Tips in Brief: Changing rooms and restrooms at the training grounds, a public artwork to represent the

Looking for sports club toilets

The city’s sports clubs have asked the council how to put changing rooms and toilets next to their training grounds, especially as more and more girls are joining the teams.

At Monday’s meeting of Dublin City Council’s Arts, Culture, Leisure and Leisure Committee, Les Moore, the city’s parks superintendent, said the council already had many projects in place and that he would therefore not be able to build changing rooms for each club. who urgently needs it.

Instead, officials have drawn up a draft policy to explain to clubs wanting to build facilities how to go about obtaining planning permission from the council to build on council land, on which there is a lot of land. training.

“So what we wanted to do was help clubs develop dressing rooms,” Moore said during the meeting.

Séamas McGrattan, a Sinn Féin councilor, says he would prefer the council apply for planning permission themselves, finance and build changing rooms and then lease them to clubs.

Some clubs can build whatever they want on the pitch, he said. “And basically it’s like privatizing public space.”

Moore said the council would not allow “unnecessary” rooms like gymnasiums and facilities would not be larger than necessary. “I think we’re looking for fairly basic dressing rooms, unless an argument is made for something else.”

McGrattan says the board should ensure that on shared grounds, clubs with the resources to pay for dressing rooms do not own the dressing rooms any more than smaller clubs. “I still think if we could do it in partnership with clubs, that would be the best way.”

Said Moore: “If there is an imbalance between a club that has a lot of resources and another that does not mean that we would always seek to intervene and support the case of the club that does not have the resources to use this sharing ease.”

Currently, the draft policy uses the word “elimination” in a few places.

Deirdre Heney, a Fianna Fáil councilor, said the council should remove any reference to disposing of the land as it would be public land and should not be sold. “We own the land, you know, we don’t want to dispose of the land.”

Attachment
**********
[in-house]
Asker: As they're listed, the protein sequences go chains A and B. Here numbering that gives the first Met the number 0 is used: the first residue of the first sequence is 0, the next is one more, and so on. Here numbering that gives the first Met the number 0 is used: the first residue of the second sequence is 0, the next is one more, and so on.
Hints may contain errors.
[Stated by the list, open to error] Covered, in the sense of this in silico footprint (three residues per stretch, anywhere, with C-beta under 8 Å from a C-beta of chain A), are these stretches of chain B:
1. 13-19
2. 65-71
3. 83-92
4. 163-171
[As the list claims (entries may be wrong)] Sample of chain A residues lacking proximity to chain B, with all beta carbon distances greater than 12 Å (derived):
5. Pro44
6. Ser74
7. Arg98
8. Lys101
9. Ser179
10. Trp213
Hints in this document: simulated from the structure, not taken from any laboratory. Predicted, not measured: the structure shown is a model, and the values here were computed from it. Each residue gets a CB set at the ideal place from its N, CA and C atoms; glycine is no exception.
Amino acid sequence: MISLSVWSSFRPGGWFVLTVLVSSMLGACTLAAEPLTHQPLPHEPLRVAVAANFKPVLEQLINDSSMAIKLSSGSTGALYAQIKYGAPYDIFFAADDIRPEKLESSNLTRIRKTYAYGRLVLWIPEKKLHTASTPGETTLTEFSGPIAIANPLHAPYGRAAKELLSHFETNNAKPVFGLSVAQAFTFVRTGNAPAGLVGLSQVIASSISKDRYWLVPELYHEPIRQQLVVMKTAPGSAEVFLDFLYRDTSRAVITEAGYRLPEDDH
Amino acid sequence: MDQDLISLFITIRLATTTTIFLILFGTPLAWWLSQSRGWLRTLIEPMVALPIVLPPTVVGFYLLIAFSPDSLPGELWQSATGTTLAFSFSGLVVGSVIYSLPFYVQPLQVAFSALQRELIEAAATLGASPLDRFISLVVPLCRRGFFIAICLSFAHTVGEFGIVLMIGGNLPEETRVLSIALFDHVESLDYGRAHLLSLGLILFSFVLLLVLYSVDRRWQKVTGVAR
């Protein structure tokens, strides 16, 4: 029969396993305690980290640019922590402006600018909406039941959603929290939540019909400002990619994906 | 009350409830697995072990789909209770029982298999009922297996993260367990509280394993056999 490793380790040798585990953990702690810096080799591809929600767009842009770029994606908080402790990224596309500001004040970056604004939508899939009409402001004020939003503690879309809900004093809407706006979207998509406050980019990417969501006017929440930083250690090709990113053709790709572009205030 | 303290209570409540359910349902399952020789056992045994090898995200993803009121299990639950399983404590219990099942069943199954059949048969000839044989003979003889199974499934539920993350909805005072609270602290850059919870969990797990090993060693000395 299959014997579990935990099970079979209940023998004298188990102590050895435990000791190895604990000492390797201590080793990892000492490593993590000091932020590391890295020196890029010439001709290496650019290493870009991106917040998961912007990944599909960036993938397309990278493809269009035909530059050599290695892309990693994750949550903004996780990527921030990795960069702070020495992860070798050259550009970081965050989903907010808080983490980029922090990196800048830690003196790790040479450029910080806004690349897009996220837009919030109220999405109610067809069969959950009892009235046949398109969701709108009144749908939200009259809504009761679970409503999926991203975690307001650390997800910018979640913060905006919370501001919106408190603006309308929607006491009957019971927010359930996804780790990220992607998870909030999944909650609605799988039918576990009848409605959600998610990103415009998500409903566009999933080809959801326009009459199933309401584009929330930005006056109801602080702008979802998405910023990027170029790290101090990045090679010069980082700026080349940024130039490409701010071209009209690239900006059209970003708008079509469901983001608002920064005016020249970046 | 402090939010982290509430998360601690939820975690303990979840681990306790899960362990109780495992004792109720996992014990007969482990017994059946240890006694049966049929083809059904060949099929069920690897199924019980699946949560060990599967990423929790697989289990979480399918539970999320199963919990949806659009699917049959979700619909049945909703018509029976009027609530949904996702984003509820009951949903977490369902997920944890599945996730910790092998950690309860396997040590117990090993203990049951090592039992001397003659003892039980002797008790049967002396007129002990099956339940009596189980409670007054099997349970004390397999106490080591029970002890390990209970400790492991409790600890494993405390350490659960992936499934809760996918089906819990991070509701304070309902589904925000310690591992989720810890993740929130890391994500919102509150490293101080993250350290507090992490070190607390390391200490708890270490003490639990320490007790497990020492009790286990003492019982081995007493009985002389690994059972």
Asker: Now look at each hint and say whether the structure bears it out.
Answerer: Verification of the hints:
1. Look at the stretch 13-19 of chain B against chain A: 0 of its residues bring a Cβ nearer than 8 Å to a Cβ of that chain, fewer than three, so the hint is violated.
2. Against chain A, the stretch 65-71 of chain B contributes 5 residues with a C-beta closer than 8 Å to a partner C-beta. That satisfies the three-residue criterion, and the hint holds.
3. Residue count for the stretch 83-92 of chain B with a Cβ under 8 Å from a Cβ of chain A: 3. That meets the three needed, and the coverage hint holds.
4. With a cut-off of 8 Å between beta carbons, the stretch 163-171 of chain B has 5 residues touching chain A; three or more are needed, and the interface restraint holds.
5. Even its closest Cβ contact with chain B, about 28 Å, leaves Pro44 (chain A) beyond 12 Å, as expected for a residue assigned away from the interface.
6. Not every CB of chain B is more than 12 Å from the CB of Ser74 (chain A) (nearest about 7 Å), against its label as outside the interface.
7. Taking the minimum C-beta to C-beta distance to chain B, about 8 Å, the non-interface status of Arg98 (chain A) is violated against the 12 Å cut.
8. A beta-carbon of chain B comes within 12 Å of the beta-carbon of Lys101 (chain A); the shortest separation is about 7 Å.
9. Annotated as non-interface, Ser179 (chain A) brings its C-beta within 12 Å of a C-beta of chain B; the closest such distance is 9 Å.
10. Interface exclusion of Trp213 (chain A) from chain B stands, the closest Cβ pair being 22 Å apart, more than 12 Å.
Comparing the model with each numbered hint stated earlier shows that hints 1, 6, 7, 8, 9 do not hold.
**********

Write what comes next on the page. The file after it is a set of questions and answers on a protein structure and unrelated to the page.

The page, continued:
Moore said the mention of disposal is a technical definition and he will clarify it in the future draft policy. “We don’t cede, cede the ground to clubs or any other group.”

Union adviser Alison Gilliland said it could be cost prohibitive for a club to go through a planning commission and bring in an architect. “When I look in my own community, I see very small, cash-strapped clubs.”

The board should share responsibility with the community and cooperate with clubs, Gilliland said.

Mícheál MacDonnacha, a Sinn Féin adviser, said the board should create standardized plans for basic dressing rooms, for clubs that cannot afford an architect.

“I think we have to do everything we can to help clubs develop them where they are appropriate,” he said. “Obviously I accept that we may not be able to develop them ourselves or fund them ourselves.”

Moore said the council has developed changing rooms in Finglas, Tolka Valley, Springdale and Poppintree, he says “We’re not going to stop doing that.”

But writing this policy aims to make it clear how clubs can build their own facilities, faster than the board can, he said. “On terms suitable to Dublin City Council.”

There should be requirements for changing rooms to be accessible and have public toilets and drinking water, said Social Democrat councilor Cat O’Driscoll.